MacCulloch''s very detailed Christianity starts a thousand years before Christ with the Greek and Jewish foundations that formed the world''s biggest religion. MacCulloch describes himself as a "a candid friend of Christianity" (p. 10), and perhaps some will find his...
MacCulloch''s very detailed Christianity starts a thousand years before Christ with the Greek and Jewish foundations that formed the world''s biggest religion. MacCulloch describes himself as a "a candid friend of Christianity" (p. 10), and perhaps some will find his viewpoint more objective than that of a devoted believer. I am less enthusiastic. But I am glad I read the book.
To the extent that I am qualified to comment, I find his views in line with mainstream Christian scholarship. Since I have difficulty with what I will uncharitably call the biblical revisionism that forms the foundation for much of the modern understanding of ancient Judaism, Christianity, and the Bible, at least in mainstream liberal critical circles, I found his exposition of Jewish and Christian history, through the second century, disappointing but unsurprising. I look forward to the day when scholars come to terms with the fact that, if they reject the more speculative aspects of nineteenth and early twentieth century biblical revisionism, they must also reject the more recent extrapolations of the earlier conclusions. My viewpoints are much more inline with those of Bruce, Carson, Kitchen, Longman, and Robinson.*
After introducing himself, MacCulloch starts his book with a discussion of ancient Greek history and philosophy, and its influence on Christian belief and theology. I found this very helpful. MacCulloch explained how Greek culture influenced Jewish culture throughout the Roman empire. He discussed how Greek notions of the perfection of God clashed with the more personal, passionate, and earthy Jewish God of the Bible. He pointed out how that for Greeks, the God of the Old Testament was the almost the antithesis of their ideas of God. Included in the discussion was Diogenes, Socrates, Plato, Aristotle, and Pythagoras. MacCulloch later shows how these philosophers influenced both mainstream and heretical Christian belief throughout Christian history.
MacCulloch is really quite ambitious to try to teach all of Christian history, in all the world, from before Christ to now. This is not just a broad brush summary of Christian history: there is depth and detail, in my opinion, too much detail. In any given century, there seem to be about a half a dozen major heresies, at least two or three mainstream accepted theologies, a number of important Christian leaders, several major wars, one or more genocides, a new expectation of the end of the world, a few major missionary efforts, one or several large political shifts, a new understanding of what it means to be Christian, and the relentless expansion of the Christian church. There is a lot of information here, and I would like to assimilate it better, but for me, I am overwhelmed.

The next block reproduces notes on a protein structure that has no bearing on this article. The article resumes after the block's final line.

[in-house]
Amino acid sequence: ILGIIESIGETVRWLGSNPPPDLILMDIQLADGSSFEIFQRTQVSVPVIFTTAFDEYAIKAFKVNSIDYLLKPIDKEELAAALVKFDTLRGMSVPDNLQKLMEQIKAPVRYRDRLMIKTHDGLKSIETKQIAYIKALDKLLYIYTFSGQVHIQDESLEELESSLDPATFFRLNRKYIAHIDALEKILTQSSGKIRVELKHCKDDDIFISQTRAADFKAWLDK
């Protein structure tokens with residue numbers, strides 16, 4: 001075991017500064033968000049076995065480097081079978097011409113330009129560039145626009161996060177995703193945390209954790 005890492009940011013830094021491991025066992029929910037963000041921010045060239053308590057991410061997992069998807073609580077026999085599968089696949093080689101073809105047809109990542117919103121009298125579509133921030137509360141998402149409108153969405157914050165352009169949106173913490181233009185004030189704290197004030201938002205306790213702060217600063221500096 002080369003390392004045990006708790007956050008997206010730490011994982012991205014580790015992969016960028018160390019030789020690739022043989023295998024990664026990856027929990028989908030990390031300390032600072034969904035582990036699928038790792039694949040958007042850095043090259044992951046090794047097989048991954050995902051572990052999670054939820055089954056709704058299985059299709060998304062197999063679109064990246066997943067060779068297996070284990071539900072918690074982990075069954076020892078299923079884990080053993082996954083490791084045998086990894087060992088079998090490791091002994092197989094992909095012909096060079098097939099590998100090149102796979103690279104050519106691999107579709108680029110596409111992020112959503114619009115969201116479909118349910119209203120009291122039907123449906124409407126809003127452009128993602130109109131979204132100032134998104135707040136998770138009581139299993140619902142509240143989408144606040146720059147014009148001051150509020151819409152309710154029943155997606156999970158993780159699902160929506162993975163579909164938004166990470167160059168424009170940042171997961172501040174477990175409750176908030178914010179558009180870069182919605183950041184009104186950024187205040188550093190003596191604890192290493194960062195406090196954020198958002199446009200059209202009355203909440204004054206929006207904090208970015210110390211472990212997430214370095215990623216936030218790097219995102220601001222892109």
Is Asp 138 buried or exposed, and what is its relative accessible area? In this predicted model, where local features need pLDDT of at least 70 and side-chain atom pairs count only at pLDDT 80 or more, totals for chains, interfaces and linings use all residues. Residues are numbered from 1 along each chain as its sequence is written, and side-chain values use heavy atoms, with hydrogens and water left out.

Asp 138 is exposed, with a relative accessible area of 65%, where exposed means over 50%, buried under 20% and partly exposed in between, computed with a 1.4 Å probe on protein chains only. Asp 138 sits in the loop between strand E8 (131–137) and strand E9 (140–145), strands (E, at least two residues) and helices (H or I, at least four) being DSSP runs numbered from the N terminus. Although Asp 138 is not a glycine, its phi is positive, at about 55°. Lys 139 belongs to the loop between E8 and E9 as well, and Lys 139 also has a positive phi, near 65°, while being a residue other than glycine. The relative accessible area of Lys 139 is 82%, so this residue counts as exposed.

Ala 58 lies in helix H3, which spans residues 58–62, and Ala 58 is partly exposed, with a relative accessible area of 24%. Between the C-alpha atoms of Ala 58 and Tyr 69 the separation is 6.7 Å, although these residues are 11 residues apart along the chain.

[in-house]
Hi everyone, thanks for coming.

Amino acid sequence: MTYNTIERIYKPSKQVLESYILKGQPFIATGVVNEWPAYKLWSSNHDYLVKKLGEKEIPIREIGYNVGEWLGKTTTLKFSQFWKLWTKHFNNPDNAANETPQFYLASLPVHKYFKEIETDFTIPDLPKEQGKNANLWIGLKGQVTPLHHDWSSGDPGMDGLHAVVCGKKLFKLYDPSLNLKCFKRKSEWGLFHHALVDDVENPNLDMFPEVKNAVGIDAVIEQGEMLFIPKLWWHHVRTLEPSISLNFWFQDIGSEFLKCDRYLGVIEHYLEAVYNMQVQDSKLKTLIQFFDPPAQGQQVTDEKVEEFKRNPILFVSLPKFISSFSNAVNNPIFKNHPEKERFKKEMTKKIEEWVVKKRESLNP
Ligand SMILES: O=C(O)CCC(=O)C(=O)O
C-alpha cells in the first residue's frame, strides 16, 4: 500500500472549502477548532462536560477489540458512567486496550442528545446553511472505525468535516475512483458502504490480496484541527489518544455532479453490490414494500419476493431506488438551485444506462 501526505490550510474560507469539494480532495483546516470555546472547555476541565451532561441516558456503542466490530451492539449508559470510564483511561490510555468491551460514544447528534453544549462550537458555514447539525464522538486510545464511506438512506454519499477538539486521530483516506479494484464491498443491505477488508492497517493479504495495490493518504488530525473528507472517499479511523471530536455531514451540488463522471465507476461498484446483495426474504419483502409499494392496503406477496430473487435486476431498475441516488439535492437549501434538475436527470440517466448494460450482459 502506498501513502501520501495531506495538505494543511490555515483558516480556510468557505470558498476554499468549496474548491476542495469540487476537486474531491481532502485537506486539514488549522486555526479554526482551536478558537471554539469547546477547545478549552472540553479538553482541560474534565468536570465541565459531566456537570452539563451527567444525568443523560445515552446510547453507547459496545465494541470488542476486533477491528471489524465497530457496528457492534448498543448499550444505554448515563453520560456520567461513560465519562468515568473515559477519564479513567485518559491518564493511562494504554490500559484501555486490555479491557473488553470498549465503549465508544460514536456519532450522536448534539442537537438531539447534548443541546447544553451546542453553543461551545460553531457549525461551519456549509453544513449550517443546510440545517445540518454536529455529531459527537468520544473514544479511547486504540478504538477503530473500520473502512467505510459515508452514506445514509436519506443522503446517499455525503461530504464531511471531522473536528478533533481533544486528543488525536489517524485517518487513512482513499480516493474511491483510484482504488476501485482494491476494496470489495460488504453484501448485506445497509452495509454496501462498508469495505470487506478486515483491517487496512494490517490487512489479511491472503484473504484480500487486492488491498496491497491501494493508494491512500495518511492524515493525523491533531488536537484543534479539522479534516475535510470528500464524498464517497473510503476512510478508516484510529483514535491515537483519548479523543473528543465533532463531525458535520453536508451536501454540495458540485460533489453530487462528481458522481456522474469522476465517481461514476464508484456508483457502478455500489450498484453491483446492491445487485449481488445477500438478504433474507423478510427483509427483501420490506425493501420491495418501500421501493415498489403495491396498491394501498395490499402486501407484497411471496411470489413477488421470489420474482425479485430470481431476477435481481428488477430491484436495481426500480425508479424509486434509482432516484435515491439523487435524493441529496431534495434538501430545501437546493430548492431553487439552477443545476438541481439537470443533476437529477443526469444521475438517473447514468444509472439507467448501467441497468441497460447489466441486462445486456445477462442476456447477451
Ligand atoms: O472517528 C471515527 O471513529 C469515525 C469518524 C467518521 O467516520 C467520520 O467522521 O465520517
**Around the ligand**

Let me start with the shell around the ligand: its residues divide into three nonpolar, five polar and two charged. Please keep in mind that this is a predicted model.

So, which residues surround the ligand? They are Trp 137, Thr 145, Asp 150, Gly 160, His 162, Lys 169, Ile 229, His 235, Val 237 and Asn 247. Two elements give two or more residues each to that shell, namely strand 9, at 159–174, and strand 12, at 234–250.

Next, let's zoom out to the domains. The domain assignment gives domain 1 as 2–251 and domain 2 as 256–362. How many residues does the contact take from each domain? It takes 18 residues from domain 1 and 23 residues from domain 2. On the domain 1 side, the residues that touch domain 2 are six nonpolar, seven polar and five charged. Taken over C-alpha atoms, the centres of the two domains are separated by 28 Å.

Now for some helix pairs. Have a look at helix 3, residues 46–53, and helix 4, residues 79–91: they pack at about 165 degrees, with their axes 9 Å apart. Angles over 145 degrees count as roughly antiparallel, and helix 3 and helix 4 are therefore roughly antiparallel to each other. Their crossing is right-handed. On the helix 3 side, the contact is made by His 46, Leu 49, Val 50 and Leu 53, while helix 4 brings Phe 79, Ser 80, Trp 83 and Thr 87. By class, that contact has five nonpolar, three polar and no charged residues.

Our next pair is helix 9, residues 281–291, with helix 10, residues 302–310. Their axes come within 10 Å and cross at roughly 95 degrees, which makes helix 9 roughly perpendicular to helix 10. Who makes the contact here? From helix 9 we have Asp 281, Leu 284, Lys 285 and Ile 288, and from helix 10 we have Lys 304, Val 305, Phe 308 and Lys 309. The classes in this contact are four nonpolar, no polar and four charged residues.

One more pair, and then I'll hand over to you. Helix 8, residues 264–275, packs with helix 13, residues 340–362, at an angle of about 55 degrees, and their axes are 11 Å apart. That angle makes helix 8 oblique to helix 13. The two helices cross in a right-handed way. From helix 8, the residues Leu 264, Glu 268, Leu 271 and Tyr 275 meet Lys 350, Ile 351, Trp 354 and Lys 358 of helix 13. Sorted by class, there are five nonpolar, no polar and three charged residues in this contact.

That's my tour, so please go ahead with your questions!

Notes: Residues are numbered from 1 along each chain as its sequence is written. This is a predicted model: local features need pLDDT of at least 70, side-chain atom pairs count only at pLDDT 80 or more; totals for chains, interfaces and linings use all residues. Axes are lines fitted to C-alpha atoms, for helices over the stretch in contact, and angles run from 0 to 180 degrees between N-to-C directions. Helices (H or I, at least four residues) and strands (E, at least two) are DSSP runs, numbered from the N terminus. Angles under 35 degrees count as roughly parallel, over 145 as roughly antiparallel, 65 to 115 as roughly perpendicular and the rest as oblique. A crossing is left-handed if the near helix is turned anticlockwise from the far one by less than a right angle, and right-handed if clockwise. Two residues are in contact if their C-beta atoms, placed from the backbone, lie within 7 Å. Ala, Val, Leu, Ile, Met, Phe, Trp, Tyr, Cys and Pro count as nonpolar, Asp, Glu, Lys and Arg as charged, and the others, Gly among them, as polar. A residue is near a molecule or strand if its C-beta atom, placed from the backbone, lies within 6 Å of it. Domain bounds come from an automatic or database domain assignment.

I like MacCulloch''s story telling style. It is enjoyable and informative and very readable. But I had trouble absorbing key points. As MacCulloch points out, many Christian leaders and theologies continue to impact the faith for centuries after their inception. When a student first encounters these leaders and theologies, it is not obvious which ones will become important. As I am reading about them, I don''t know what to focus on. Without knowing history, I don''t know how to read history! A little help from the teacher in this instance would be appreciated.
As an example, MacCulloch describes Martin Luther''s theology in the context of his life, including his upbringing, rivalries, influences, politics, and travel. We then learn the stories of Luther''s followers. Eventually great changes are triggered by Luther''s writing, several large protestant denominations develop, even the course of nations is changed, and each development has a history of its own. MacCulloch expounds seemingly on each development of theology, ritual, art, politics, and culture, decade by decade, throughout Europe, and then beyond. In the midst of all this information, I become lost. What was it that Luther was trying to say? The problem with history is there is just too much of it!
In spite of my complaints, I am glad I read the book. It has made me aware of the size and diversity of Christianity. I have learned a little about tolerance, and especially intolerance. I have learned about the quest for power, influence, and control in human institutions, churches, and nations, and especially the horror that can result. And I have learned a little about belief, faith, hope, and spirit; I think I have especially learned that humility is key to love and understanding, for each other and our creator. Overall, I liked the book, not a lot, but I liked it. I may read it again, and if I do, I will take better notes. I hesitantly recommend it.
* That is I more closely embrace the viewpoints expressed in the following books:
- Bruce, F. F. The New Testament documents : are they reliable. Grand Rapids, Mich. Downers Grove, Ill: Eerdmans InterVarsity Press, 2003.
- Carson, D. A., and Douglas J. Moo. An introduction to the New Testament. Grand Rapids, Mich: Zondervan, 2009.
- Kitchen, K. A. On the reliability of the Old Testament. Grand Rapids, Mich: W.B. Eerdmans, 2006.
- Longman, Tremper, and Raymond B. Dillard. An introduction to the Old Testament. Grand Rapids, Mich: Zondervan, 2006.
- Robinson, John A. Redating the New Testament. London: S.C.M. Press, 1976.
Note: Rated three out of five stars on Goodreads, as Goodreads defines three stars as "I like it" and two stars as "It''s okay".